Composite Volumization of the Aging Face: Supra-Periosteal Space as the Foundation for Optimal Facial Rejuvenation
September 2016 | Volume 15 | Issue 9 | Case Reports | 1136 | Copyright © September 2016
Z. Paul Lorenc MDa and Johnson C. Lee MDb
aLorenc Aesthetic Plastic Surgery Center, New York, NY; Lenox Hill Hospital, New York, NY
bPrivate Practice, Beverly Hills, CA
Current concepts of facial aging propose that volume losses of bone and fat in specific compartmentalized areas are the primary and the most important causes of the characteristic changes seen in the aging face. The authors propose that the use of Radiesse in the supra-periosteal space of the temple, zygomatic arch, anterior cheek, pyriform aperture, and pre-jowl sulcus most effectively and most efficiently corrects these volume losses, and therefore best helps to restore a youthful appearance. Placement of filler directly on bone produces a lifting effect on all of the overlying tissues as a single unit which the authors term “composite volumization”. J Drugs Dermatol.
The primary causes of facial aging have in common loss of volume: loss of bony support of overlying soft tissues due to resorption (particularly the dental-bearing areas of the maxilla and mandible and the superomedial and inferolateral orbit) and loss of fat volume from the various facial compartments (especially the deep medial cheek fat) via atrophy and caudal descent.1-3 This volume loss and the resulting loss of overlying soft tissue support leads to deflation, flattening and pseudoptosis of the soft tissues. These changes result in the characteristic signs of the aging face. This is a distinct and specific conceptual change from earlier theories of simple skin and superficial musculoaponeurotic system (SMAS) sagging due to gravitational effects. Consistent with this conceptual change in how the face ages, has been the change in how non-surgical correction of facial aging is best achieved.
Initial paradigms of non-surgical correction of facial aging focused simply on eliminating wrinkles. Injectable materials, silicone initially and then in the 1970s collagen, were injected in the dermis or immediate subdermal layers to “plump up” facial wrinkles and creases. This approach to non-surgical facial rejuvenation persisted through the development of subsequent filler products. Indeed, the original FDA approval for calcium hydroxylapatite (Radiesse, Merz Aesthetics, Inc) in 2006 (originally marketed as Radiance) was for the alleviation of deeper wrinkles and creases such as the nasolabial crease. This approval was for injection into the immediate sub-dermal and deep subcutaneous tissue. These paradigms were modified somewhat by the development of various neuromodulators, but the basic tenets remained the same.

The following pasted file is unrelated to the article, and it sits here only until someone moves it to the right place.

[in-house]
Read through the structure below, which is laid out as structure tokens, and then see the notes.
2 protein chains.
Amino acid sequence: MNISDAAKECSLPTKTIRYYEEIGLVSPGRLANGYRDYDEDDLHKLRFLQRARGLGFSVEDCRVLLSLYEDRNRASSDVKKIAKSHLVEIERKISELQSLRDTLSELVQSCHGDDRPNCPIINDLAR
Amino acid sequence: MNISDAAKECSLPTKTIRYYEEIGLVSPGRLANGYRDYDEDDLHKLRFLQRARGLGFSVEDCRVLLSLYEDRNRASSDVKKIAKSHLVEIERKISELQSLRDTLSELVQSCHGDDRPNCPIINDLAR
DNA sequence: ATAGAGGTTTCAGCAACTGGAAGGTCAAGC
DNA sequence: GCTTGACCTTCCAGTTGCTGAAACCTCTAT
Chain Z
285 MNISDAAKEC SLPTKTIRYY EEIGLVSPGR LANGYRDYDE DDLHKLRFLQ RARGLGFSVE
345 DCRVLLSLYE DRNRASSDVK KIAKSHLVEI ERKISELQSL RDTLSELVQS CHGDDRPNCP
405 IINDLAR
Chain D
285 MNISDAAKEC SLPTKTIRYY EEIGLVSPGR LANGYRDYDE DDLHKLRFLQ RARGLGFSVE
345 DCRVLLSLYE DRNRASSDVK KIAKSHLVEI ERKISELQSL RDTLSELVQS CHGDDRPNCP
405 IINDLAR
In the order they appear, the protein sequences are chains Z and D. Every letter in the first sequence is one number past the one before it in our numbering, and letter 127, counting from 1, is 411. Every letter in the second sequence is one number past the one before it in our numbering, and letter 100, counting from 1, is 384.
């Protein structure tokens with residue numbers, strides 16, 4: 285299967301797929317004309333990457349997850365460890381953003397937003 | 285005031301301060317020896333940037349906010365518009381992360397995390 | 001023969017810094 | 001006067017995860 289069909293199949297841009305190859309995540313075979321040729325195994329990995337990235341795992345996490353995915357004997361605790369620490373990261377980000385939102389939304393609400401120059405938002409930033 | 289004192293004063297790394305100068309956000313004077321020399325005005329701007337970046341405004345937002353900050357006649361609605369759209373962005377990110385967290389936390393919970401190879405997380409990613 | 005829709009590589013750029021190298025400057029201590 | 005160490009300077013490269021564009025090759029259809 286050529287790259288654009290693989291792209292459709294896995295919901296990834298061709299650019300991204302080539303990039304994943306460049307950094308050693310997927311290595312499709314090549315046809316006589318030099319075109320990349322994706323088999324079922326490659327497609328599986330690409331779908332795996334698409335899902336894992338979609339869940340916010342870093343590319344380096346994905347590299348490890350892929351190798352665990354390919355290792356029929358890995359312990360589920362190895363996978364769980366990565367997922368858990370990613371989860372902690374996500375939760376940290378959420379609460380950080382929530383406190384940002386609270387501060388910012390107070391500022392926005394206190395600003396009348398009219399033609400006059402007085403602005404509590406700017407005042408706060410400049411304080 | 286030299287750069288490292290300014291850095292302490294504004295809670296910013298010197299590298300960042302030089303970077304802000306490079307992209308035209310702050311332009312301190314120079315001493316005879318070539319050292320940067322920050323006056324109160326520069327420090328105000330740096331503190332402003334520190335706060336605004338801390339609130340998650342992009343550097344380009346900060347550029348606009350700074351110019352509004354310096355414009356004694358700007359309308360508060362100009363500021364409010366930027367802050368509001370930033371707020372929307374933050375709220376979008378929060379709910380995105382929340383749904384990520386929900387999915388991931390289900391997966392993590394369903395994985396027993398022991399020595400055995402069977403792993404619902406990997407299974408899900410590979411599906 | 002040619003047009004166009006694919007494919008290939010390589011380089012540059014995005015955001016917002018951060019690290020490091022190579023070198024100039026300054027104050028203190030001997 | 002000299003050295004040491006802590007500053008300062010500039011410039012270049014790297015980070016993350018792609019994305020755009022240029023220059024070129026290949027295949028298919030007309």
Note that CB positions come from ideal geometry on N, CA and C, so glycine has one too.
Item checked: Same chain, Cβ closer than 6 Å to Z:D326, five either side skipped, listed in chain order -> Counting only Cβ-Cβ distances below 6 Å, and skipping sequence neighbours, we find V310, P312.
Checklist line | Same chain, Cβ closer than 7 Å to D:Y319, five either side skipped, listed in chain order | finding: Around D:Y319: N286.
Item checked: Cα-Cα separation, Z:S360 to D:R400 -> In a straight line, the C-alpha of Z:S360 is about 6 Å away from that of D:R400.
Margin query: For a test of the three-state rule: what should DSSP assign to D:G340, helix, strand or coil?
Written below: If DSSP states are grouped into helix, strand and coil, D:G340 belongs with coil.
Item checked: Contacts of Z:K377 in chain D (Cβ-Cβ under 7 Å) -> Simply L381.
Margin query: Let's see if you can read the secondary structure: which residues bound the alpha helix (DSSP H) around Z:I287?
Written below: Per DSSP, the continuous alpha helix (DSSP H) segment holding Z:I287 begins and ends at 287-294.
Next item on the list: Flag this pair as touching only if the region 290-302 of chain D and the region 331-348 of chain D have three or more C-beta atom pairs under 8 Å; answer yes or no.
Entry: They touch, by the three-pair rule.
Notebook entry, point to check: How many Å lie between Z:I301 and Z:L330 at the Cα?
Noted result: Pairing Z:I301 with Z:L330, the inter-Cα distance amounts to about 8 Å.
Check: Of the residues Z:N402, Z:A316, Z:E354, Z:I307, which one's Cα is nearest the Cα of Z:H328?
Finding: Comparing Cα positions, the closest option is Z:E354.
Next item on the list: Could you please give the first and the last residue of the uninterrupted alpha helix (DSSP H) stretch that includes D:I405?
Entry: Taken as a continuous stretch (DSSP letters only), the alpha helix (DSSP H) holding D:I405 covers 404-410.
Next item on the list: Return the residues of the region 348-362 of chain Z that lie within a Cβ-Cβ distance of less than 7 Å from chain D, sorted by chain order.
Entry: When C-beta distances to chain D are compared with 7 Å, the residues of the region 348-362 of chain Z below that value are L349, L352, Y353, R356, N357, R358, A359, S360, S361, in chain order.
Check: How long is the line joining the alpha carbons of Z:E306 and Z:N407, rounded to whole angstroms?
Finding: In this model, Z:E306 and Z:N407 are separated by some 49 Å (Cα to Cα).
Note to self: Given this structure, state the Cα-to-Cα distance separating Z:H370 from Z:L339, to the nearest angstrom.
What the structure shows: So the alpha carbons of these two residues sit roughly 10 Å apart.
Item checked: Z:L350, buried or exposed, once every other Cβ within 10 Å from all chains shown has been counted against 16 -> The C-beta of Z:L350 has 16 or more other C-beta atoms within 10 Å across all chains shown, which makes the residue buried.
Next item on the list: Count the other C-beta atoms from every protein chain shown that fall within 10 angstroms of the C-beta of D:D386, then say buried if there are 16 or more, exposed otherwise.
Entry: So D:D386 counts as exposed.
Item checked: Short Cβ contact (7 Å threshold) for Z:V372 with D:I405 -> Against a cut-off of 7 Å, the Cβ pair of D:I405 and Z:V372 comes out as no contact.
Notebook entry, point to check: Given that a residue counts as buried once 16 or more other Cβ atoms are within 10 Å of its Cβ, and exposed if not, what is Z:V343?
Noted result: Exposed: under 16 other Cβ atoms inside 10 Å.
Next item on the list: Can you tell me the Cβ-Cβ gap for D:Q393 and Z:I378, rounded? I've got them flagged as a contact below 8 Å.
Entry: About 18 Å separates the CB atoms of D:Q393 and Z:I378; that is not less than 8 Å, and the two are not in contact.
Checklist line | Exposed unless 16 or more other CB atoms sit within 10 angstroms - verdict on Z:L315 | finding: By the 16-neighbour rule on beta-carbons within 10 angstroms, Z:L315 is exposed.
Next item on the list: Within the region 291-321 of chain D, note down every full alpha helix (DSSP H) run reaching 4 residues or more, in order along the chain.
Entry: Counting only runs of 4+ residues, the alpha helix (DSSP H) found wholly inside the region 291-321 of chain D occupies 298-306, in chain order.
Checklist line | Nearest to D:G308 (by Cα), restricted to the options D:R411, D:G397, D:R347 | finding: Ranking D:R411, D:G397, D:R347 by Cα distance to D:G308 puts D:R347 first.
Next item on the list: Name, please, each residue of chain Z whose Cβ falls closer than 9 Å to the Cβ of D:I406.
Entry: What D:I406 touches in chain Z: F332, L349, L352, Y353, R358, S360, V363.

Along with the evolution of the modern concept of volume loss leading to deflation, flattening and pseudoptosis of soft
tissues, treatment algorithms have also evolved. The focus has shifted from simply “filling wrinkles” to revolumization of the face.1,2,4,5 Specifically, the areas of greatest volume loss (temple, anterior cheek/zygoma, pyriform aperture, mandibular angle, and pre-jowl sulcus) should be “revolumized”. Once restoration of volume has been achieved, once the foundation has been laid, then the finer details of elimination of remaining wrinkles and creases can be addressed. But how is this first step in facial rejuvenation best achieved? We maintain that off-label placement of Radiesse into the immediate supra-periosteal space in these particular areas provides the revolumization necessary to correct these characteristic changes of facial aging in a safe, reliable, and efficient manner.
In 1992, Dr. Sam Hamra published his technique of the composite rhytidectomy.6 Rather than dissecting and lifting the facial tissue layers as separate entities, he proposed that these tissues are best transposed as a single, composite (“made of many parts”) unit. Since placement of Radiesse directly on bone lifts and supports all of the overlying tissues (skin, superficial and deep fat compartments, and muscle) as a single unit, we term this technique “composite revolumization”. This report describes our experience with this technique
Patient Assessment and Treatment
Patients are assessed primarily from the frontal view. The primary areas to be evaluated were the temple, zygomatic arch and malar eminence/anterior cheek, pyriform aperture, and pre-jowl sulcus. These are the areas most affected by the loss of soft tissue support that is secondary to bony resorption and fat atrophy/caudal descent and that is seen predictably in the aging face.